So I recently watched the biographical movie “A Theory of Everything” about theoretical physicist Stephen Hawking. It was an amazing movie-going experience, but at the same time, a spine chilling look into a window of my own life. Not unlike watching aspects and events of my life in a mirror.
Now I am nowhere intelligent enough to understand masters level theoretical physics, I did not graduate from Cambridge or Oxford and I definitely am not world famous for any personal achievements… YET?! What I do share with the young Stephen Hawking however is a severely damaged neurological system. I have a spinal injury and am clinically tetraplegic at C4 level. Though my condition is thankfully not degenerative, I can neither feel nor control any stimulus or voluntary movement below my shoulders.
Before watching this movie I knew next to nothing about motor neurone disease, commonly known as ALS or Lou Gehrigs disease. Being, however, well versed in spinal injury, I was completely shocked to discover the similarities between the two conditions and still cannot watch this film without losing control of my emotions, because though the similarities may not be many, they’re extremely significant: From being unable to carry out simple everyday tasks like brushing my teeth or itching my face to more complex actions like driving, dancing or playing my beloved basketball.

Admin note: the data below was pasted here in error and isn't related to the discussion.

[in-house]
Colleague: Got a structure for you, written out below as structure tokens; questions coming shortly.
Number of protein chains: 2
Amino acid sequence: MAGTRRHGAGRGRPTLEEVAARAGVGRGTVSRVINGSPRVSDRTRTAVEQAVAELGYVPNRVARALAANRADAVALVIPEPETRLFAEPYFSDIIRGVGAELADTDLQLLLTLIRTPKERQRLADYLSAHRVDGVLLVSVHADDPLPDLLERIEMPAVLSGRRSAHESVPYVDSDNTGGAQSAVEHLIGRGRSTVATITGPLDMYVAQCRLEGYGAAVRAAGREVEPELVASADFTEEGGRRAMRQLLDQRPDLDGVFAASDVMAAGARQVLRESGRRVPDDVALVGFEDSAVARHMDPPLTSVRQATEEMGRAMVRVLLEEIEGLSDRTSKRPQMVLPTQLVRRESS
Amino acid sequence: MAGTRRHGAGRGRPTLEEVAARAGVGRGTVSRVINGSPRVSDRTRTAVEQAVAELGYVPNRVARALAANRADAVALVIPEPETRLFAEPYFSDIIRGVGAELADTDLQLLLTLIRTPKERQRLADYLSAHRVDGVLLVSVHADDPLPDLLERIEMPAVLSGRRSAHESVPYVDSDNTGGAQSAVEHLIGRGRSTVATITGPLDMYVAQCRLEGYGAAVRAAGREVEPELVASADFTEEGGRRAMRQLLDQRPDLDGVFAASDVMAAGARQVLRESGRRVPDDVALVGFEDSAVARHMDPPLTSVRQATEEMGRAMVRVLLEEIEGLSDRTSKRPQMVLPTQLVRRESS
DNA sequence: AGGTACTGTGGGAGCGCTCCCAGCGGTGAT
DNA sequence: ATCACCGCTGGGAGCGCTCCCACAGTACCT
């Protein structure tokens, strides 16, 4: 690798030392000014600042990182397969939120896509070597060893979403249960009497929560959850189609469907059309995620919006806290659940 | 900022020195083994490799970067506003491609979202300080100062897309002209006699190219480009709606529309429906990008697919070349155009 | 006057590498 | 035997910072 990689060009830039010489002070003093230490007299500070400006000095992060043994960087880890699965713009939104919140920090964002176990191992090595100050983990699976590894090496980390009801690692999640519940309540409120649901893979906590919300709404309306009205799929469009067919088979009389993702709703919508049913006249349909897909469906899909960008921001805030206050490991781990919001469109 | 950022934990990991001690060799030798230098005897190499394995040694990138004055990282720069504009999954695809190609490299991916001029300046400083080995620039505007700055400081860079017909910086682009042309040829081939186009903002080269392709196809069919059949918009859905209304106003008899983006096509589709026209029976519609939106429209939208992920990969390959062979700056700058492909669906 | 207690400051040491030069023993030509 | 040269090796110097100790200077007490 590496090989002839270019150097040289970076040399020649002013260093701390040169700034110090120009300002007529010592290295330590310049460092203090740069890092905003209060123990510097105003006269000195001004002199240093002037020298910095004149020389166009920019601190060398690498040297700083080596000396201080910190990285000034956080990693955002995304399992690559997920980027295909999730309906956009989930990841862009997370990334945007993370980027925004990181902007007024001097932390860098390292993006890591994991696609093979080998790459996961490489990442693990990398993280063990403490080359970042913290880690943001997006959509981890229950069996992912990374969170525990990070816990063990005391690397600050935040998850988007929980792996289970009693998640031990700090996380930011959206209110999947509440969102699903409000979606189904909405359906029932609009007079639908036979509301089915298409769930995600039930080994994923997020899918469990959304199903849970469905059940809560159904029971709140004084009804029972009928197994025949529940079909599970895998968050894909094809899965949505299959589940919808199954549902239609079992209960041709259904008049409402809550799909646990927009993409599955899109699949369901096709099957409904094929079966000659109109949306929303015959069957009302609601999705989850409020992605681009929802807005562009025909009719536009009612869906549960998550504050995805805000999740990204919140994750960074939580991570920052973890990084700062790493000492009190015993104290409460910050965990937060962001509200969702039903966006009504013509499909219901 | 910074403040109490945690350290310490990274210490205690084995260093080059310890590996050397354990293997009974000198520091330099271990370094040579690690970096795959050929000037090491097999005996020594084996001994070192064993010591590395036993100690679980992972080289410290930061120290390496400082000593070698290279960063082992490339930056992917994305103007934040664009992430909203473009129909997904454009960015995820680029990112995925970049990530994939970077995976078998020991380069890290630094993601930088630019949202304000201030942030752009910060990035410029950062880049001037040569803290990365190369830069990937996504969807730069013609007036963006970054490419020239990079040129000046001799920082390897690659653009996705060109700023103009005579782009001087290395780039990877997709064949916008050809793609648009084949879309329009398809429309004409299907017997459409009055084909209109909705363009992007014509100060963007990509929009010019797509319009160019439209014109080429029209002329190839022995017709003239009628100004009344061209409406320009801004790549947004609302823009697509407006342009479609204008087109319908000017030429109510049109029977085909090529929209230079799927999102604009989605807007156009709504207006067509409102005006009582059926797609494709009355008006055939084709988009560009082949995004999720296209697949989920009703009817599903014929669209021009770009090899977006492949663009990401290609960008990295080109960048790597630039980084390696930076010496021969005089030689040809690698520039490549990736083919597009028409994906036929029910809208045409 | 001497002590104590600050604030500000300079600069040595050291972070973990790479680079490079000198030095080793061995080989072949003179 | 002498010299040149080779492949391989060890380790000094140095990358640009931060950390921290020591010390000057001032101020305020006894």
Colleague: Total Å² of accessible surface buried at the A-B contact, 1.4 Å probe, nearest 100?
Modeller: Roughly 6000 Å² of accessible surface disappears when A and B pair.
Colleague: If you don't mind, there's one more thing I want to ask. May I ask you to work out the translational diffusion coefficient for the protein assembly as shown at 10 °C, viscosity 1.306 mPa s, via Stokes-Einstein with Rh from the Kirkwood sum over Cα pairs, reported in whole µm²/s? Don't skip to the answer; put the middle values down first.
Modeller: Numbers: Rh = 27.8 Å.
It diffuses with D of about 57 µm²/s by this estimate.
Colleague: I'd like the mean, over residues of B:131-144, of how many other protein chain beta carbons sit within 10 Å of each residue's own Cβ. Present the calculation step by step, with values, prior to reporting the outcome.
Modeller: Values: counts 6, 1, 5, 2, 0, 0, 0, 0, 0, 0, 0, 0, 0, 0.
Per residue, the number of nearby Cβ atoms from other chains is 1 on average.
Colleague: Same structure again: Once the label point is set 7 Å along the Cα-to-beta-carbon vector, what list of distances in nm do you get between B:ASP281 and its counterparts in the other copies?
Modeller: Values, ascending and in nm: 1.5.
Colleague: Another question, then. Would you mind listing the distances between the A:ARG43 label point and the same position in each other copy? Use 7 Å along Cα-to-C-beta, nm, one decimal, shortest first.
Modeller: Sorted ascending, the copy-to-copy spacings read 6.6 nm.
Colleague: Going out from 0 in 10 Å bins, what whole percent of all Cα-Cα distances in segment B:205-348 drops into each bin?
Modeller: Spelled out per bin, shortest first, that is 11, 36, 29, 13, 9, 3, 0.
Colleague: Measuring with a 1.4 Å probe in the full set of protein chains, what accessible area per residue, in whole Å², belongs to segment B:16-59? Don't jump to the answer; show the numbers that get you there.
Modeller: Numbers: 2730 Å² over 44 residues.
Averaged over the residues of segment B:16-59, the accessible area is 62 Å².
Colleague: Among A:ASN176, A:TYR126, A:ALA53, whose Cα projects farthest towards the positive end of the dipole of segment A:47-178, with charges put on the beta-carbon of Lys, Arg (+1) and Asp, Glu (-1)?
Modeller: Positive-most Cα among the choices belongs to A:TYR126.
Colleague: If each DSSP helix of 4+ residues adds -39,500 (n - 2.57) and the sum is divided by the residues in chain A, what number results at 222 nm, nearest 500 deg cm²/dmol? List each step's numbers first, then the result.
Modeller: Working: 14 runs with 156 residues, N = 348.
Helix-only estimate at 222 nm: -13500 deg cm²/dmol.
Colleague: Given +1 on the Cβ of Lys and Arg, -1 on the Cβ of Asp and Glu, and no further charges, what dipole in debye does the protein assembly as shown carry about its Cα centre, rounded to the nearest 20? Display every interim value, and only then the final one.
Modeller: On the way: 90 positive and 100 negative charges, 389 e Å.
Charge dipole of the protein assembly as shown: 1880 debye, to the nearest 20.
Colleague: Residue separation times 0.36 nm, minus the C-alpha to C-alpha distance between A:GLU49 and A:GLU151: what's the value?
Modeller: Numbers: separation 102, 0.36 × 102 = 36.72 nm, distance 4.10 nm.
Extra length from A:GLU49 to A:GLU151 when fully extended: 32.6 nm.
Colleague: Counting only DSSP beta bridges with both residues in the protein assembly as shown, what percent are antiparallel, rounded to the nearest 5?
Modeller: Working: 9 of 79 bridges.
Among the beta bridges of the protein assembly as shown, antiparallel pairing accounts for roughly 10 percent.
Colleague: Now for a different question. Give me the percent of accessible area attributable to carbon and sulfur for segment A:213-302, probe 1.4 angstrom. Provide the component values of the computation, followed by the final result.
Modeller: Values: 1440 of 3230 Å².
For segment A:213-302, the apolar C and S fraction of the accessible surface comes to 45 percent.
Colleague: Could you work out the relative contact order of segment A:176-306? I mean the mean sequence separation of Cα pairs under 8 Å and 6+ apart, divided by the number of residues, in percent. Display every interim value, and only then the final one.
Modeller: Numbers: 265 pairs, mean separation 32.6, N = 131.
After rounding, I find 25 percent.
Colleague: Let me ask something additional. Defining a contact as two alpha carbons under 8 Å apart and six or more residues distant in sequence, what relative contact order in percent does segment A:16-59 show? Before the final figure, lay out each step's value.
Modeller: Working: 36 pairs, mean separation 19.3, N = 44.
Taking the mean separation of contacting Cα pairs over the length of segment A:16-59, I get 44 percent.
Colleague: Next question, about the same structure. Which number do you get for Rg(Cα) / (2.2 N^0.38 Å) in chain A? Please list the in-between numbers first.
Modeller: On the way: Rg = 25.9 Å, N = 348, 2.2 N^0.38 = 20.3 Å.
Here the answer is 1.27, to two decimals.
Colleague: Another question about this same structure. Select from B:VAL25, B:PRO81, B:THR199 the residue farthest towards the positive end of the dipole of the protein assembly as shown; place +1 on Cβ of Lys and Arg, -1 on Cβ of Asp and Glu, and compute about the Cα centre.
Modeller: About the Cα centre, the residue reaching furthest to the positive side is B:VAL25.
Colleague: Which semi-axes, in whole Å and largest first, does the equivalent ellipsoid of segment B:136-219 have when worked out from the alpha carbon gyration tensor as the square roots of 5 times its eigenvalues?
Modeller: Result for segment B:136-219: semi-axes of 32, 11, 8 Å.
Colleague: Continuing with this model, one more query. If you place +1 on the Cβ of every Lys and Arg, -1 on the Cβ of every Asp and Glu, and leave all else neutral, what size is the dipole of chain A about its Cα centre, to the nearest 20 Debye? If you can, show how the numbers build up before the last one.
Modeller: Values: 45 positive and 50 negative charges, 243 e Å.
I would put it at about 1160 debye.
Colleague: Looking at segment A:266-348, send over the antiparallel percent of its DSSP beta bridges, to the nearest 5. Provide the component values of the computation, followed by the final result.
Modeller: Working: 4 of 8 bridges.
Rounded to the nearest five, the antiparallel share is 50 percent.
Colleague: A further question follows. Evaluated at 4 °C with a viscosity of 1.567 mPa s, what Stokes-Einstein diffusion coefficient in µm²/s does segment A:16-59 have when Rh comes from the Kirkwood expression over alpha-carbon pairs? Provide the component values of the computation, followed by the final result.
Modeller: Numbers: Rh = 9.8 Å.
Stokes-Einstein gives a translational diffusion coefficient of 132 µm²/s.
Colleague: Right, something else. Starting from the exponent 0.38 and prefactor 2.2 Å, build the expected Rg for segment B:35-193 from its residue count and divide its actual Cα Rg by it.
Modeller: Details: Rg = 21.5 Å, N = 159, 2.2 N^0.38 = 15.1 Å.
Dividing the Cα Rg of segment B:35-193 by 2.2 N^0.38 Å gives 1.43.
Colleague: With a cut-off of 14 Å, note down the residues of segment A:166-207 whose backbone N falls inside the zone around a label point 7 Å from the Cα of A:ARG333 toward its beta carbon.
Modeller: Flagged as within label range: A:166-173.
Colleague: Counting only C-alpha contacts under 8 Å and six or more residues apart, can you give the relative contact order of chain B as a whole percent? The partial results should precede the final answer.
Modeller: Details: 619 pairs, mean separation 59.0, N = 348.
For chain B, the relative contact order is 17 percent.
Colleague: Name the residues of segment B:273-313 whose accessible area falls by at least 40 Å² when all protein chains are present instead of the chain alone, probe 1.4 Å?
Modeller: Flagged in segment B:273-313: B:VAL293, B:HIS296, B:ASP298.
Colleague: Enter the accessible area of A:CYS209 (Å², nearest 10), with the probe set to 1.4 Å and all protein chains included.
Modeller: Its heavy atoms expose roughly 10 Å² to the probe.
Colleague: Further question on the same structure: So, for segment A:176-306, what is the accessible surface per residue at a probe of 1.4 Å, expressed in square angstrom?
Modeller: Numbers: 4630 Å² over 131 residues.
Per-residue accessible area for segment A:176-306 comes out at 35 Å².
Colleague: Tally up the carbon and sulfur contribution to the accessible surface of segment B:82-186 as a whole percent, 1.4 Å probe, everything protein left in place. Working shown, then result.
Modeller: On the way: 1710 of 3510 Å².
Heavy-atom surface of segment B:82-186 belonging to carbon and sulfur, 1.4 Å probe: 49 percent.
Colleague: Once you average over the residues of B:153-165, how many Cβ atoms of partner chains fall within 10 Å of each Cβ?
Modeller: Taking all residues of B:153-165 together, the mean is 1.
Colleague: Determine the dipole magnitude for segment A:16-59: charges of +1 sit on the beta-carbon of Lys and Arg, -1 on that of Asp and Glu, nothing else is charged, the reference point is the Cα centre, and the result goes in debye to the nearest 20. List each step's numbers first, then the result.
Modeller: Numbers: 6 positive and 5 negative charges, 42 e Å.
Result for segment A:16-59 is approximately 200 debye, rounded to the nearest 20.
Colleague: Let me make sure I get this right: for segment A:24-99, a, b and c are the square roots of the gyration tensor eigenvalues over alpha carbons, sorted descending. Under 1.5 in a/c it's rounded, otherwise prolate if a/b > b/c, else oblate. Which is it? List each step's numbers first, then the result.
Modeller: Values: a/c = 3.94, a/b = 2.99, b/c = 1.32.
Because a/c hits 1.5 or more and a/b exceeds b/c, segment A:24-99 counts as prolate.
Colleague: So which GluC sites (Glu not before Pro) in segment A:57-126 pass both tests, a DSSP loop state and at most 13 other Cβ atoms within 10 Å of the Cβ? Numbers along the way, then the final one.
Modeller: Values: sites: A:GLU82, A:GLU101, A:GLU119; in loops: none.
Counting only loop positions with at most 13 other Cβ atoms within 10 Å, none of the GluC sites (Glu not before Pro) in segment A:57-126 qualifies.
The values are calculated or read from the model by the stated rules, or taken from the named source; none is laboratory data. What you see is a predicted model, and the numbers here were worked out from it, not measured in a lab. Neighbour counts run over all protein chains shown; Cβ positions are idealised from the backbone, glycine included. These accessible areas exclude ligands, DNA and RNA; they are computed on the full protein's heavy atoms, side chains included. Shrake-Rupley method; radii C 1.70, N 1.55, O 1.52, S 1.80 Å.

The film also brought to light a number of issues I had previously thought I was at peace with. Boy was I wrong. Most significant of these included the realisation that under slightly different circumstances my live would’ve been extremely short, watching the pain my loved ones went through then not letting people in to prevent said pain and inevitably losing those who can’t handle it but still having them never give up on me. At some points it’s hard to fight the unavoidable feeling you are holding back everyone around you, most especially those closest to you.
However the most valuable thing I take away from the film is hope. Hope that not only will things get better, they won’t stop getting better. I can still dream of this life being as amazing as any, that my mother will never again shed a tear on my behalf lest they be tears of joy, that I may one day share my life with a beautiful woman and our children. This life of hope is amazing. It is intoxicating and I love it. For as long as I have hope, even dreaming of regaining my mobility out of the blue is not a fool’s dream, and for that I will make the best of this life.